Waterbed Installer, Waterbeds East 1979-1980 (Hey, Fred!)
Production Manager, Slidemaker Computer Graphics 1980-1983
Announcer, “Son Shine,” Religious News show on the Radio Information Service 1981 (I think)

Four Movies I Can Watch Over and Over

The General
The Philadelphia Story
Lord of the Rings
Much Ado About Nothing

Four Places I have Lived

Brunswick, Maine
Pittsburgh, Pennsylvania
St. Petersburg, Florida
Princeton, New Jersey

Four Television Shows I Love to Watch

(I haven’t watched television for years, but from days of old):
Mystery! , especially Albert Campion
Twin Peaks
Rocky and Bullwinkle
Max Headroom and Sledge Hammer

Four Places I Have Been on Vacation

Don’t vacate much:
Nantucket, Massachusetts
Ayreshire, Scotland
The Best Western, Downtown Evanston
Toronto, Canada

Four of My Favourite Dishes

Margaret’s Penne Pesto
Rama Tofu at Cozy Noodles
Theresa’s Special pizza at Pizza Coloré, Princeton
Mexican Night at home with my daughter

Four Websites I Visit Daily

David Weinberger’s
Jeneane Sessum’s
Si’s, not that he blogs that often
This really isn’t fair, since I read so many daily. And Happy Birthday to Tom

Four Places I Would Rather Be Right Now

With Margaret, in Durham
London, England
Stencilton (My house was in Lunkhead Commons, I think)
A location yet to be revealed, yet to be determined

Four People I am Now Tagging to Prepare the Same Lists

I don’t want to put anyone on the spot, but if no one’s asked you yet, and you want to have been tagged, by all means count this as a tagging. Not in the folksonomic sense.

For Old Times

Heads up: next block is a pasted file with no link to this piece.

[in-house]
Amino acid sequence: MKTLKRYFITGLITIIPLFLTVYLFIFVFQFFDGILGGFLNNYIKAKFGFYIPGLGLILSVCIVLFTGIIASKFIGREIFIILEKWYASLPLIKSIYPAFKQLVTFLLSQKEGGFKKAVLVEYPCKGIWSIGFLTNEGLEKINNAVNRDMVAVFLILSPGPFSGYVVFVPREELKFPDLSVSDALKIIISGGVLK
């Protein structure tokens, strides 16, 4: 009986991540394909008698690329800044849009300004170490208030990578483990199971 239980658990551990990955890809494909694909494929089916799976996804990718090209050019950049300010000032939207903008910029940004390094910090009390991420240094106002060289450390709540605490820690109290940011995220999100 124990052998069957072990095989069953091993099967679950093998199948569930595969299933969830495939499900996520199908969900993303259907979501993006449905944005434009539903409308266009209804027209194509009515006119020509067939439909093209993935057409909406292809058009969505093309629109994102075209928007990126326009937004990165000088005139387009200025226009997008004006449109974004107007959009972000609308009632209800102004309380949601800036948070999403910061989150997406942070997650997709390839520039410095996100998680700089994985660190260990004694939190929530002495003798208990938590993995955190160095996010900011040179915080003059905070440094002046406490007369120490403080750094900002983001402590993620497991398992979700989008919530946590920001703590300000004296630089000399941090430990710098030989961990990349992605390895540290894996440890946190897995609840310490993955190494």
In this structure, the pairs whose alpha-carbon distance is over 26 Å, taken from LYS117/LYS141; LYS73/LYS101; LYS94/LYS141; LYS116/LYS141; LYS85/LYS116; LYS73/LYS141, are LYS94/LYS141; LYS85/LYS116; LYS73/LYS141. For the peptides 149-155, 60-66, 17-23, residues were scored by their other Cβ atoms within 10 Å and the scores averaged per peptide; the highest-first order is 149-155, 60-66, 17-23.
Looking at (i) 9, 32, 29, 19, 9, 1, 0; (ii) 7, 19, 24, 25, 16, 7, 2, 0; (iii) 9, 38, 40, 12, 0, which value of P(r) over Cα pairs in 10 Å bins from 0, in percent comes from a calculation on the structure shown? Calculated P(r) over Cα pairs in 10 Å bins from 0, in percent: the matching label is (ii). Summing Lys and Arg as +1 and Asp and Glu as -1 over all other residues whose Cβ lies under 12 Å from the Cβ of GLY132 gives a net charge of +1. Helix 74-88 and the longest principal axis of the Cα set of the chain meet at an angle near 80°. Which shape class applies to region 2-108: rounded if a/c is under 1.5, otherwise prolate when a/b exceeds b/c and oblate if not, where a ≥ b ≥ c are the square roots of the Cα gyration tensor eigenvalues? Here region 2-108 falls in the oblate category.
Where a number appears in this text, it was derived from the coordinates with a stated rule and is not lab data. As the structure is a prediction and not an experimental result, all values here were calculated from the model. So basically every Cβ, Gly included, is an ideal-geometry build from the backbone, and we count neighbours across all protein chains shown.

Our friend Amy Morrison (“I take cat pictures and blog, so make something of it!”) will be coming to sleep over Saturday night. Amy survived at least one class with me back at Eckerd College (Hey, congratulations, Julie!) in olden times, when I used to lecture in a room lit by candles, and Chris and Shannon would throw papyrus airplanes back and forth.

To make Amy feel at home in the South Bedroom, we set up (and successfully booted and ran) the old Classic II computer that used to sit on my desk on the second floor of Seibert Hall. And I’ll be sure to wear my Eckerd “Fightin’ Fire Ants” t-shirt. And Laura emailed me to say we mustn’t stay up too late, giggling.

Identity Crisis

Pippa’s grandpapapapapapapa gave the family a collection of DVDs of the PBS series, Jeeves and Wooster for Christmas, and last weekend Pip set about watching. She watched the first, chuckled, laughed, and smiled — then crept over to my seat on the couch, batted her eyelashes, and asked, “What will we do next?” (The correct answer, of course, was “watch another episode.”)

There can hardly be a more precious sound to a parent’s ears in all the world than the sound of their child’s unguarded laughter. If watching Jeeves and Wooster makes Pippa’s laughter peal out, then we will watch another episode. Case closed.

The drawback of this viewing marathon, however, is that it’s engendering something of an identity crisis for me. For a long time, I’ve introduced myself as a postmodern Victorian — but now I’m wondering whether I might not be closer to a postmodern Edwardian. [The best solution, probably, is to say that I’m the kind of person who would devote significant deliberation over the question of whether he is more precisely a postmodern Victorian or a postmodern Edwardian. . . .]